Keeping Track of Imaging Equipment

How A Digital Fleet Management Portal Helps to Make Things Easier in A Chinese Hospital
Lukas Arnheim|2015-12-10

To optimize patient throughput, minimize downtimes, and avoid inefficiencies, it has become indispensable for many large hospitals to keep track electronically of their medical equipment. The example of a 1,700-bed hospital in downtown Shanghai shows how digital fleet monitoring can ease workflow in everyday routine.

Photos: Tang Ting

Challenge: With around 10,000 outpatients per day, even brief breakdowns of medical equipment negatively affect the workflow in Ruijin Hospital in Shanghai, China.

Solution: In 2014, the hospital introduced a digital fleet management portal, LifeNet, which offers real-time data on equipment status via a web interface and the possibility to transmit failures electronically to the Siemens support desk.

Result: The radiology department of the hospital now has instantaneous feedback on equipment problems; the repair process is initiated more quickly. Eventually, the digital fleet management might improve the healthcare delivery process as a whole by reducing avoidable downtime and facilitating workflows as well as long-term planning for new equipment.

A Chinese hospital is striving towards being a smart hospital.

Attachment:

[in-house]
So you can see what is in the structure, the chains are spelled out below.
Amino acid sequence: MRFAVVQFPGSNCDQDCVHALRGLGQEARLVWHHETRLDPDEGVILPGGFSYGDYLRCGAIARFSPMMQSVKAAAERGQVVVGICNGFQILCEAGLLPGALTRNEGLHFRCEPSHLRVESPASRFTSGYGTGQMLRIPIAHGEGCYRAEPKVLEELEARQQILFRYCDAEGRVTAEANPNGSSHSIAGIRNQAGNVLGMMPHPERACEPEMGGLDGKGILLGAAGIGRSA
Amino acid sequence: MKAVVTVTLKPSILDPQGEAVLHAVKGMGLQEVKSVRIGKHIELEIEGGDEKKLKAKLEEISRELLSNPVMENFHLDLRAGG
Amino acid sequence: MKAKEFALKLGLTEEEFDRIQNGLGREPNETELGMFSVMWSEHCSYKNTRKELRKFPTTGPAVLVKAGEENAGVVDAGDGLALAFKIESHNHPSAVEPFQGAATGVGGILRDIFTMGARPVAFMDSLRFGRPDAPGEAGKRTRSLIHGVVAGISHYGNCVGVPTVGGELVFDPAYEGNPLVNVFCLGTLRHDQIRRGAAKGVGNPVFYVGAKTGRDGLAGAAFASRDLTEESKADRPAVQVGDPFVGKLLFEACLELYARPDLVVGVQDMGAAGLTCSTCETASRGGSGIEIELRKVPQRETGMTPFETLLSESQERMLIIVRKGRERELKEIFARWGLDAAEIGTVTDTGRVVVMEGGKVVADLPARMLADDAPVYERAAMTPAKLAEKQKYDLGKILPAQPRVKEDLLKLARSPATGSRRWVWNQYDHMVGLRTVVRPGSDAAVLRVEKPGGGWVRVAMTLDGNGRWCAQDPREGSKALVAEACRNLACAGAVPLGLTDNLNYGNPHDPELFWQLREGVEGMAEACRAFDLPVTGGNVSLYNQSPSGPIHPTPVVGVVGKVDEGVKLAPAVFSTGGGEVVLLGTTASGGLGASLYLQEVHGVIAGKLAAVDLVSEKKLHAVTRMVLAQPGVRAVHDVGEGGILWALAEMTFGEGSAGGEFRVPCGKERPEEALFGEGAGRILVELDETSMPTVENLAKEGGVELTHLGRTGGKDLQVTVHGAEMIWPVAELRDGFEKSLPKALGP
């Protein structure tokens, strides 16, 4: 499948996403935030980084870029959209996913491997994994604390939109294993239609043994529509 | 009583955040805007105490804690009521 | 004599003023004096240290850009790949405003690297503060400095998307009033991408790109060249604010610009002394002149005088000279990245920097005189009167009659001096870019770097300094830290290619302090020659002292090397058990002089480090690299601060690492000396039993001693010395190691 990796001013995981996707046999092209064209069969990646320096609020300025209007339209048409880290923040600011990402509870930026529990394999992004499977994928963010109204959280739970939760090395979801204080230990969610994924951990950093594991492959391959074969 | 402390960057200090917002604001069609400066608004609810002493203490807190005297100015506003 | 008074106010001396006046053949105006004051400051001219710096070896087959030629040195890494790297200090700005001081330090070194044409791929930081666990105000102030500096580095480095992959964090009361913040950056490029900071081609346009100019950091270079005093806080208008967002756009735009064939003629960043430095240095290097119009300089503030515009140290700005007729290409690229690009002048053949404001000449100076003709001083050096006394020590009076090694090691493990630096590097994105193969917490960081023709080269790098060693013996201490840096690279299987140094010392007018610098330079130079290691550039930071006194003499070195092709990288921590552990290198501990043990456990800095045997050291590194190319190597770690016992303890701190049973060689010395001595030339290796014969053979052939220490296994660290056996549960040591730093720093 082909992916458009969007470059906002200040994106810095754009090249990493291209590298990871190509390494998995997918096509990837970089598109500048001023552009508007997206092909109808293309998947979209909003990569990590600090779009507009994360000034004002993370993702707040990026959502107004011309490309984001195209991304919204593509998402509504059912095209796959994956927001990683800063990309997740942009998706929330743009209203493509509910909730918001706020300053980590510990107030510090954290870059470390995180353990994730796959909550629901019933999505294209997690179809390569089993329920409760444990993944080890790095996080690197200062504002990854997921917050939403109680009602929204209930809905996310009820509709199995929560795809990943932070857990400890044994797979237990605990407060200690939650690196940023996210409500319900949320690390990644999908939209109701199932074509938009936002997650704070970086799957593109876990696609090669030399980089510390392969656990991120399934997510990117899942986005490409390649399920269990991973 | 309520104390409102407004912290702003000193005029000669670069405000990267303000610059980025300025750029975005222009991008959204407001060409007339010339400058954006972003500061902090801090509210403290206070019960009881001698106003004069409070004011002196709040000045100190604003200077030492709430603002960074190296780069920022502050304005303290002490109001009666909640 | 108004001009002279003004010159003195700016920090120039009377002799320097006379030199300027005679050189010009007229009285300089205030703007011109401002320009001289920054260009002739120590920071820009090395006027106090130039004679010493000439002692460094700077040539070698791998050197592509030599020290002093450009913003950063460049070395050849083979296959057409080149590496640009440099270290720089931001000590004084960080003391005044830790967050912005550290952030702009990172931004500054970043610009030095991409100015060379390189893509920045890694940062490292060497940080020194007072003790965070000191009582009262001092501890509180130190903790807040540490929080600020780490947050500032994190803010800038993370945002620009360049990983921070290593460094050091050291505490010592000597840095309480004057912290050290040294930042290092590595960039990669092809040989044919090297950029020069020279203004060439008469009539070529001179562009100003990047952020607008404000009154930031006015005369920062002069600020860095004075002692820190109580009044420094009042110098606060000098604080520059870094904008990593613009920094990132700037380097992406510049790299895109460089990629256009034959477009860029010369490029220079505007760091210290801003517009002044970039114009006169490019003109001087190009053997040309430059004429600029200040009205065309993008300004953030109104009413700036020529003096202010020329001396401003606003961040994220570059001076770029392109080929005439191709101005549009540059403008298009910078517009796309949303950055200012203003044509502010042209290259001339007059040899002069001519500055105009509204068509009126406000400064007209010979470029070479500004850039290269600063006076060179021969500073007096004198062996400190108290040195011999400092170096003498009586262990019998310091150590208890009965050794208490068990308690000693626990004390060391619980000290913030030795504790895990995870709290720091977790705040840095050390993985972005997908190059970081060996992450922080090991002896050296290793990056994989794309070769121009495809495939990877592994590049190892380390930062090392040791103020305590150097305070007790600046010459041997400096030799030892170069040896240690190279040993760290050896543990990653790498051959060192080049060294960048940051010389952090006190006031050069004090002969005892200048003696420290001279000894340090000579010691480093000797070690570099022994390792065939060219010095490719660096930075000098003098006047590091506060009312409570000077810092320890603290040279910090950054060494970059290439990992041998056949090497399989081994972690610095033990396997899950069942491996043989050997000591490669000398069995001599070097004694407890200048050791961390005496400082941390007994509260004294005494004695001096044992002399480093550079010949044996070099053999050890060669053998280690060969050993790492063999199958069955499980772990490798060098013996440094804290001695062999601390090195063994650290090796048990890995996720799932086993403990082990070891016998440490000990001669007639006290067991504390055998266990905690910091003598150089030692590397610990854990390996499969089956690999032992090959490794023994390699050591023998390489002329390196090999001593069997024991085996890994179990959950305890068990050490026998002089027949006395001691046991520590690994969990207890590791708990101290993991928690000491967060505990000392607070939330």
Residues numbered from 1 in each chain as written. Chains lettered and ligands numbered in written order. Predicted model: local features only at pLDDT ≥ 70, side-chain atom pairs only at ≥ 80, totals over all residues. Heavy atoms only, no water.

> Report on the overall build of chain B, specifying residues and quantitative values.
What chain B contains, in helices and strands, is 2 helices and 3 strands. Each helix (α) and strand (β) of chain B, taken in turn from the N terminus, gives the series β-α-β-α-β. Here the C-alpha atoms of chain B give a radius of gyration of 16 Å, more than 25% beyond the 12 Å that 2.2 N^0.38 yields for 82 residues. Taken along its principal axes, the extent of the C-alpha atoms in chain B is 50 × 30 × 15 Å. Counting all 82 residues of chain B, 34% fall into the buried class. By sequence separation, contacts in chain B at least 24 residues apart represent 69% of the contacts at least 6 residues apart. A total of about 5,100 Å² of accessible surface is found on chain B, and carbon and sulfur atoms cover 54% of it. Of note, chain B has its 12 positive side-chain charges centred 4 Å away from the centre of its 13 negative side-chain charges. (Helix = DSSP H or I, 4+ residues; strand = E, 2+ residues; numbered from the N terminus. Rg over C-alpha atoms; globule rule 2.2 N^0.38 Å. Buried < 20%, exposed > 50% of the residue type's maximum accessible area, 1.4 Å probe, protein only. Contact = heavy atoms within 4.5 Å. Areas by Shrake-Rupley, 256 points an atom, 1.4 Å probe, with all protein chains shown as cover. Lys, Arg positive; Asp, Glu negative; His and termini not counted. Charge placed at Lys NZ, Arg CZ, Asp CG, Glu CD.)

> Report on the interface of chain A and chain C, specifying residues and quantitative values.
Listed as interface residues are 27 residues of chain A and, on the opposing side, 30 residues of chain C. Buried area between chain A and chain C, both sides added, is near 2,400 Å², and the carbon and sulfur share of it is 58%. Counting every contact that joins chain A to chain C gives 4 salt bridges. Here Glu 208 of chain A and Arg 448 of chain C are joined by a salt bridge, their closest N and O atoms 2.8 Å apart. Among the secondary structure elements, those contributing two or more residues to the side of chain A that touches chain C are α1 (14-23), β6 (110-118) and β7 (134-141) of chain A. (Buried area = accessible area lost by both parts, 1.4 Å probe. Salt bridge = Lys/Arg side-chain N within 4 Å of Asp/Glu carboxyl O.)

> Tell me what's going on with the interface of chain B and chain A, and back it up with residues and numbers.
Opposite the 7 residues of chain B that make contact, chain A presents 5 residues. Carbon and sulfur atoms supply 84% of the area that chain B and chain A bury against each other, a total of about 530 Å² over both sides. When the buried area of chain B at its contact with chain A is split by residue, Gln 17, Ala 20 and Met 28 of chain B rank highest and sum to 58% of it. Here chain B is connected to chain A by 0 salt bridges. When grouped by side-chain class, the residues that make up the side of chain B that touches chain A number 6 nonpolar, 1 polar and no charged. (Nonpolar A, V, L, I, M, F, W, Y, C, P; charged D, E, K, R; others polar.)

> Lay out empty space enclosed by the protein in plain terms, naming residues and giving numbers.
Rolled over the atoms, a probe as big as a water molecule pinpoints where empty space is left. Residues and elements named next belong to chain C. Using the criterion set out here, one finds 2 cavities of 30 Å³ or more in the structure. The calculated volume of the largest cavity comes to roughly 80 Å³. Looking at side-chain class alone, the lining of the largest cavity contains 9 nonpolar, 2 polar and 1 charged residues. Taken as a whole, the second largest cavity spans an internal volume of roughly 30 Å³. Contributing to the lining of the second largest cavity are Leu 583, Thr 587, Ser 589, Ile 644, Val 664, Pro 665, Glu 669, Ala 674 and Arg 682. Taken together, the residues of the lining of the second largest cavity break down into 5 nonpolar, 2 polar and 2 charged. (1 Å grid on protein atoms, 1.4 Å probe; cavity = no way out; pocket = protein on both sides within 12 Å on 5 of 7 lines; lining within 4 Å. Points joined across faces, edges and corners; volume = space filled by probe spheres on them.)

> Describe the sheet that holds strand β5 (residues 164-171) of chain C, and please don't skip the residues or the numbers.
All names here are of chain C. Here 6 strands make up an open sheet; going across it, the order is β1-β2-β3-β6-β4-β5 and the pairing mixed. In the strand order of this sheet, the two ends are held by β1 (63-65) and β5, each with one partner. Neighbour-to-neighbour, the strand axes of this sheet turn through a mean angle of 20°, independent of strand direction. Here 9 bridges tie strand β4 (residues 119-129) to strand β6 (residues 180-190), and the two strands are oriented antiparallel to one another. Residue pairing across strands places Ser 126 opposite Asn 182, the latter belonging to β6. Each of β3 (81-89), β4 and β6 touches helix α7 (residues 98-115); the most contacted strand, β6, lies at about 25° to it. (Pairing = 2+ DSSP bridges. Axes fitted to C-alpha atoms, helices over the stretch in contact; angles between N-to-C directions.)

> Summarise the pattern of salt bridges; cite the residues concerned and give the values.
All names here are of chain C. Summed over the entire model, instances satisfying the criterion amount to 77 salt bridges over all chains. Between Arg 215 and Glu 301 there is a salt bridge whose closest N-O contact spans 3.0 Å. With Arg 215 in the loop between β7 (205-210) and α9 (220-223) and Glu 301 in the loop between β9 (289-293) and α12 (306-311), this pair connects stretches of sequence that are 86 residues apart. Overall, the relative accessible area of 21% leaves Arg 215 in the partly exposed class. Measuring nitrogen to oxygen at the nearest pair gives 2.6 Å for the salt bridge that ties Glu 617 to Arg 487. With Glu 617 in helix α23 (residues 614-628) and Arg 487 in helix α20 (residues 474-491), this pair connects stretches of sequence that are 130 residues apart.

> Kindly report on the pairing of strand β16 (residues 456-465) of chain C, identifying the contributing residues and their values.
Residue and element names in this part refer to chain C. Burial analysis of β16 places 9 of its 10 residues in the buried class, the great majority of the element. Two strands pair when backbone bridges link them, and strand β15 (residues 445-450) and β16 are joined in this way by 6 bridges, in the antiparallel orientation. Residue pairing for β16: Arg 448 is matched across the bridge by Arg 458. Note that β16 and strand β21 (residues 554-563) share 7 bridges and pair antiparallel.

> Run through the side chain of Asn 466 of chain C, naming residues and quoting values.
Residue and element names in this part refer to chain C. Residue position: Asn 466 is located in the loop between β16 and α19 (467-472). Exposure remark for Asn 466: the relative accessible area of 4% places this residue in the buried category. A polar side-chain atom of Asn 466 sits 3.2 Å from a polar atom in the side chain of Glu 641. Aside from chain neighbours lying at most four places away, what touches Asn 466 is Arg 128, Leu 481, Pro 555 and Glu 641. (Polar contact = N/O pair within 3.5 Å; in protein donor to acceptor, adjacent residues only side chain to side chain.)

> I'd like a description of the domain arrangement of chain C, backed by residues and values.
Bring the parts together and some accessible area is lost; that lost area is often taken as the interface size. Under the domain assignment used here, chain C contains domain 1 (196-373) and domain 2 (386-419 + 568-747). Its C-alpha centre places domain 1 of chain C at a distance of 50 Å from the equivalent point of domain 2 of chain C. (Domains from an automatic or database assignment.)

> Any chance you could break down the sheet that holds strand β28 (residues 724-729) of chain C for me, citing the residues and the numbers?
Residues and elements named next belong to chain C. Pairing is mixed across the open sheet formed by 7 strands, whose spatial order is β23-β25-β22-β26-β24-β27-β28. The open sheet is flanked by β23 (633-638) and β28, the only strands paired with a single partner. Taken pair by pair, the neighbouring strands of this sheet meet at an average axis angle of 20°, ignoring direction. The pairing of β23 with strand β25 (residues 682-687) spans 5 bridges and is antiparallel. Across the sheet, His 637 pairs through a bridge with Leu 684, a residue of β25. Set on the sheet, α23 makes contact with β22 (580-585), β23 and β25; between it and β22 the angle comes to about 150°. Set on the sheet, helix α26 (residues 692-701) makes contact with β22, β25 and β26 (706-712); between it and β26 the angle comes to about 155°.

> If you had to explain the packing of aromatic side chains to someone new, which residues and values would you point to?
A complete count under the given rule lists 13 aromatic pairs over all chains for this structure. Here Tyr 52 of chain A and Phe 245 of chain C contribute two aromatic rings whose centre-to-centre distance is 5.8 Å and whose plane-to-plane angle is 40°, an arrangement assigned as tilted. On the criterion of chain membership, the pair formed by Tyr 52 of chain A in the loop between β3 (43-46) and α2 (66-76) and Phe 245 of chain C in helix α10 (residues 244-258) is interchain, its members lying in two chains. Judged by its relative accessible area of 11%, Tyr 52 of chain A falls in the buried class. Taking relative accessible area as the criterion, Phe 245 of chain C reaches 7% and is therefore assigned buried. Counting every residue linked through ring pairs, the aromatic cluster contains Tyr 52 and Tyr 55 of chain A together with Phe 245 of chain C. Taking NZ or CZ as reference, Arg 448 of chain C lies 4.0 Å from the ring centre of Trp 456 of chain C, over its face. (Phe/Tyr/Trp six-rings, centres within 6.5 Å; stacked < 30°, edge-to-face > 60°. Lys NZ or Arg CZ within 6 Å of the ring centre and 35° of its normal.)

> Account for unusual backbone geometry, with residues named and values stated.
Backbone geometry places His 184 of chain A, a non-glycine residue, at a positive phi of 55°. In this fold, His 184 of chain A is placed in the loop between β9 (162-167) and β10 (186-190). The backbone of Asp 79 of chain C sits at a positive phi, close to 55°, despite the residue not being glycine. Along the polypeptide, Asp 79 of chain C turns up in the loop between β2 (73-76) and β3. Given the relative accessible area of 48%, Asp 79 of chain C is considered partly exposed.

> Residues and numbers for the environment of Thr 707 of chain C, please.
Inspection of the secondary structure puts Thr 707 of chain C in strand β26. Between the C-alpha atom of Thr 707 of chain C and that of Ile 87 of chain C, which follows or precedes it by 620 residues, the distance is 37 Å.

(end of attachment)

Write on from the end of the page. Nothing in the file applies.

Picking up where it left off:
Ruijin Hospital serves 10,000 outpatients a day.

Ruijin Hospital in downtown Shanghai comprises 1,700 beds and has around 10,000 outpatients per day. Each of the hospital’s seven CT and five MRI scanners performs an average of 150 and 80 daily exams, respectively. If one of the systems fails even briefly, workflow slows down in the entire hospital, forcing patients to wait longer and employees to work overtime. For physicians at the Ruijin Hospital, it is vital to keep their systems up and running.

A Quick Reaction is Crucial
“The biggest challenge in my work is to know immediately when an imaging device breaks down. If this happens, we have to react quickly,” says Dr. Haipeng Dong, who is Deputy Director of the hospital’s radiology department. Since the hospital introduced a digital service management portal in 2014, his job has become a lot easier, however. The Siemens portal LifeNet now supports him in monitoring and maintaining the department’s medical equipment. Eventually, it could increase patient throughput as well as quality of care.

A medical equipment management system supports monitoring and connecting of medical devices in a Chinese hospital.
Dr. Haipeng Dong, Deputy Director of the radiology department

A Growing Trend
Globally, there has been a rising trend towards keeping track electronically of medical equipment performance, maintenance costs, and downtime. Computerized monitoring systems allow the production of service records with a few mouse clicks; they facilitate long-term investment planning. They even create a knowledge base, by automatically documenting what has been done to resolve a specific problem in an earlier case.1 Such systems make foresighted maintenance an easier task for radiologists and engineers, be it at a leading hospital in the U.S., a large hospital in Germany, or an important Chinese healthcare facility like Ruijin Hospital in Shanghai.